He sounds a warning for olde world power haunts epitomised by The Flower Drum and Florentino.
"If you're stuck in the a la carte world you may as well be standing in front of a tsunami. You might be sitting there ringing the bell but there's a fucking 300 metre wave coming towards you and it's going to swamp you."
Lucas lists New York A-lister Danny Meyer as an inspiration. Meyer, who runs countless including the Gramercy Tavern wrote a bestselling book, Setting the Table, about "power of hospitality and my desire to harness it" and you get the feeling Lucas could already be this city's equivalent.
Another power plater is Andrew McConnell, who alongside brother Matt and legendary partner Frank Van Haandel has created his own family foodie fiefdom. Alongside Cumulus sits the more chintzy Cutler & Co (where $300 bills are the norm), St Kilda's Golden Fields (think lobster rolls) and recently, the lease to Fitzroy pub The Builder's Arms. Matt has the wildly successful Bar Lourinha and will soon open up another next to Cutler.
"Andrew's well on the way to controlling most of Gertrude Street," one former MasterChef contestant informed us.
The softly spoken McConnell, dressed casually in sneakers and a t-shirt, invited us to his nerve centre above Cutler to chew the fat. A humming bank of computers emits a whisper quiet hum to his success, although he denies he's powerful.
"I'm not sure if power is the right word to use for a restaurateur, just that some are more successful than others and we all have different ambitions."
McConnell, who still cooks regularly, agrees "the media, the internet are instrumental in getting your name out", but disputes he thrives off the same buzz coveted by Lucas and Colombaris.
"I don't think you need buzz...we've been open three years, we strive to maintain good food and hospitable service and we have the same numbers now as we did when we first opened. Melbourne diners are astute enough to know when something's good," he said.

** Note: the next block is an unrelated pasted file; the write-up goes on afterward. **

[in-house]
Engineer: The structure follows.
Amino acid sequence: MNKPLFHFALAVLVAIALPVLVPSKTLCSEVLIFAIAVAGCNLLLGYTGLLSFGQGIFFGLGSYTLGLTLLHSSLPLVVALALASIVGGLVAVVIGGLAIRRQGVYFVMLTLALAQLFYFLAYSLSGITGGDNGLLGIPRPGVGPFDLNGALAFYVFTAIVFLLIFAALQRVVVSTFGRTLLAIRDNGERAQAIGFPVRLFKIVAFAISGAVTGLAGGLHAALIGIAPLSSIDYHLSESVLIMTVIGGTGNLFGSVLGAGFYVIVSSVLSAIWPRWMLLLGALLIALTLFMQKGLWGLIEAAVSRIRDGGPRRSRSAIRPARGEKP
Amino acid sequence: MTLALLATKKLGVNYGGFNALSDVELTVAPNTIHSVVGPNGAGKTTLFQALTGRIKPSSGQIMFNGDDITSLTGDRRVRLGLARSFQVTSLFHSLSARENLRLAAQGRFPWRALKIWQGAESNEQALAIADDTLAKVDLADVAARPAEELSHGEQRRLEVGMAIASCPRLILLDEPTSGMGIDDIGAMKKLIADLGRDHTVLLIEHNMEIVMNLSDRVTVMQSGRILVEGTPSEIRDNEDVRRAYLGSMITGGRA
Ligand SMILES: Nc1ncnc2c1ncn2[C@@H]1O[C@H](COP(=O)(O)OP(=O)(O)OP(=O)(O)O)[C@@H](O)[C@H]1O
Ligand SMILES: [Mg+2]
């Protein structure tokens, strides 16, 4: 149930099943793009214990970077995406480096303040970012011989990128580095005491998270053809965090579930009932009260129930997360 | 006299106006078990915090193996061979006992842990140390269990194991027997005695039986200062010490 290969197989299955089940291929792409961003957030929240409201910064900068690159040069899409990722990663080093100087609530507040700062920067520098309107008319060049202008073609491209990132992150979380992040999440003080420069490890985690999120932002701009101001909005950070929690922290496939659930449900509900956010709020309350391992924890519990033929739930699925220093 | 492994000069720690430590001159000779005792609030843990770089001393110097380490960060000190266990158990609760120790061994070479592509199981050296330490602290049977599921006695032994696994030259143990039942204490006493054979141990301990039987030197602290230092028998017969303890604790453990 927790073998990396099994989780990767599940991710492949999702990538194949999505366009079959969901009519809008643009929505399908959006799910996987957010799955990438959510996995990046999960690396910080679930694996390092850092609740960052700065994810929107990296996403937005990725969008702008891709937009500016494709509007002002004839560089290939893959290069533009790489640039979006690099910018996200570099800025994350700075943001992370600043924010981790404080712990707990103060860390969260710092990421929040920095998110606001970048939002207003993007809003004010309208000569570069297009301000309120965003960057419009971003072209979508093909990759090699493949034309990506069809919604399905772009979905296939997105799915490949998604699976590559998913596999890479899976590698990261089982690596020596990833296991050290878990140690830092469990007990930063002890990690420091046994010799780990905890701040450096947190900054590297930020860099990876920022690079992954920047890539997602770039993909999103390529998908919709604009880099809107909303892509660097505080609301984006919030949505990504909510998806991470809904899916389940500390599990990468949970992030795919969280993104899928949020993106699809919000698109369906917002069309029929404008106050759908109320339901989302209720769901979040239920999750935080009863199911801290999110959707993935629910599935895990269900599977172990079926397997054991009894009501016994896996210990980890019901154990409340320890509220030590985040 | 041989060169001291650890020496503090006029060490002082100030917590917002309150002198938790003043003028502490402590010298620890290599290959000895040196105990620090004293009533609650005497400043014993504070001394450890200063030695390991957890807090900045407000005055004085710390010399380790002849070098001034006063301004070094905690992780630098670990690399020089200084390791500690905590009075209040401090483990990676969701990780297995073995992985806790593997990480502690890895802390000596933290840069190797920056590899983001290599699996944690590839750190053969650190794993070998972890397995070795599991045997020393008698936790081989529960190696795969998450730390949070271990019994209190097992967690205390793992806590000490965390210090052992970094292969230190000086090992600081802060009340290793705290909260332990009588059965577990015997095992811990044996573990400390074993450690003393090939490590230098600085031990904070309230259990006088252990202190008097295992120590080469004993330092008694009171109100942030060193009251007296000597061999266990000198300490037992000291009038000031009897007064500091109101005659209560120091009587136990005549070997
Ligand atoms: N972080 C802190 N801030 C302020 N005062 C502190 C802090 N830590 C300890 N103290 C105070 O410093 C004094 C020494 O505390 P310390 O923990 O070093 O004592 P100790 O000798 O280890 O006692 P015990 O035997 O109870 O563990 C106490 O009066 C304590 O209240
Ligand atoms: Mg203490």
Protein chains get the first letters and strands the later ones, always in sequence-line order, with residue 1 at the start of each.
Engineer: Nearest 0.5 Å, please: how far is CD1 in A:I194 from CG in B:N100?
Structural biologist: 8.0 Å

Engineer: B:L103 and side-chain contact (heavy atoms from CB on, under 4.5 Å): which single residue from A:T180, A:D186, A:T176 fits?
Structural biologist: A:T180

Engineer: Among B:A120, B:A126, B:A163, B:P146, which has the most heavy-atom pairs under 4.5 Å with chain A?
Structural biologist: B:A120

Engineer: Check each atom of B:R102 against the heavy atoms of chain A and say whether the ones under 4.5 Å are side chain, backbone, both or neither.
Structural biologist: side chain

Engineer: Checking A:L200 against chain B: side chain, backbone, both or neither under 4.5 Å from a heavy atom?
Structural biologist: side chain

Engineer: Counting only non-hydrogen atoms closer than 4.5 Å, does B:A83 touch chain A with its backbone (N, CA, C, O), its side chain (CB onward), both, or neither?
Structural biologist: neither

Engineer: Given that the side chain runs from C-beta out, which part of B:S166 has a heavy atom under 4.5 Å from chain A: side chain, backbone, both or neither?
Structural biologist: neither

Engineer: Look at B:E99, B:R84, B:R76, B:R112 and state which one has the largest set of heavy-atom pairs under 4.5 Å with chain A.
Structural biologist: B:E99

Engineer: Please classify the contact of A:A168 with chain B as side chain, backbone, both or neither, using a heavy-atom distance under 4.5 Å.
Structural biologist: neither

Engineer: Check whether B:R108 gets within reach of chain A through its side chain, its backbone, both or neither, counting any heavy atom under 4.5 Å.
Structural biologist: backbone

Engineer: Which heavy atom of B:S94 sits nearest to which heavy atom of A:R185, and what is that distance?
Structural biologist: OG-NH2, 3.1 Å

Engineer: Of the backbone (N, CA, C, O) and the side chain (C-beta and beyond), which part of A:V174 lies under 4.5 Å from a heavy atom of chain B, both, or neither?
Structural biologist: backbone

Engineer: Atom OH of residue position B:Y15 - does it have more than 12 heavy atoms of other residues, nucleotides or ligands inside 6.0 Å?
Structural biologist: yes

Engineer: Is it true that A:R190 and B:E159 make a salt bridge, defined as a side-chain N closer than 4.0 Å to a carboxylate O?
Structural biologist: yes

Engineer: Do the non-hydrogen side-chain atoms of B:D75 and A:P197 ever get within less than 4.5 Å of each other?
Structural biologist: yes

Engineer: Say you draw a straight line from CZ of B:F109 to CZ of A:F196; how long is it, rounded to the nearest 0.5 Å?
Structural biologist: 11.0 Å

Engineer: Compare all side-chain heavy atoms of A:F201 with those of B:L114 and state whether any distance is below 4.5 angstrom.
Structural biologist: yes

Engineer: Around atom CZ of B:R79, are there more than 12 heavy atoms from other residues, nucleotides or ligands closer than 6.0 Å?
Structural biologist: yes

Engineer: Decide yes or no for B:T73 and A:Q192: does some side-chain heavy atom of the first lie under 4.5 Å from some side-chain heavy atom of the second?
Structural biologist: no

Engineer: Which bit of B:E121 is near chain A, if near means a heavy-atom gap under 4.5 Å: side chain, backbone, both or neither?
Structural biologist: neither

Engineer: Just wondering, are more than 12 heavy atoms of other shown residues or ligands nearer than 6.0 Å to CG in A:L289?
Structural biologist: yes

But Lucas says McConnell is moving in that direction.
"If you look at Andrew he started off his career as a fine dining chef and he opened a couple of so-called 'fine dining' restaurants, and they failed. And then I think he grasped the mood from those failing restaurants...and he thought to himself, this is not where it's at, people don't want to pay $250-$300 to sit in some sort of restaurant in Fitzroy and try to make out that they got an upmarket experience. So he's reengineered himself to this more fun, casual, all-day dining experience." (Cutler is still in Fitzroy and still charges $250-$300).
There's minor signs the obsession with 'it dining' is wearing out its welcome. In fact, a new trend towards fat-laden comfort food could be the scene's own gravedigger. Why queue for tacos, lobster rolls or KFC-inspired chicken when you can get your fill at any number of non media-tised eateries scattered all over the inner suburbs?
Last week, the usually boosterist Age sunk the fork into Lucas' Chin Chin on its op-ed page. Columnist Brigit Delaney bemoaned the emerging "Bret Easton Ellis' yuppie dystopia" and included a nasty reference to Ho as a "crowd controller".
In 2011 Melbourne's multi-billion restaurant scene crossed the Rubicon. And they'll no doubt be countless others scrambling to board the gravy train before the hunger pangs subside.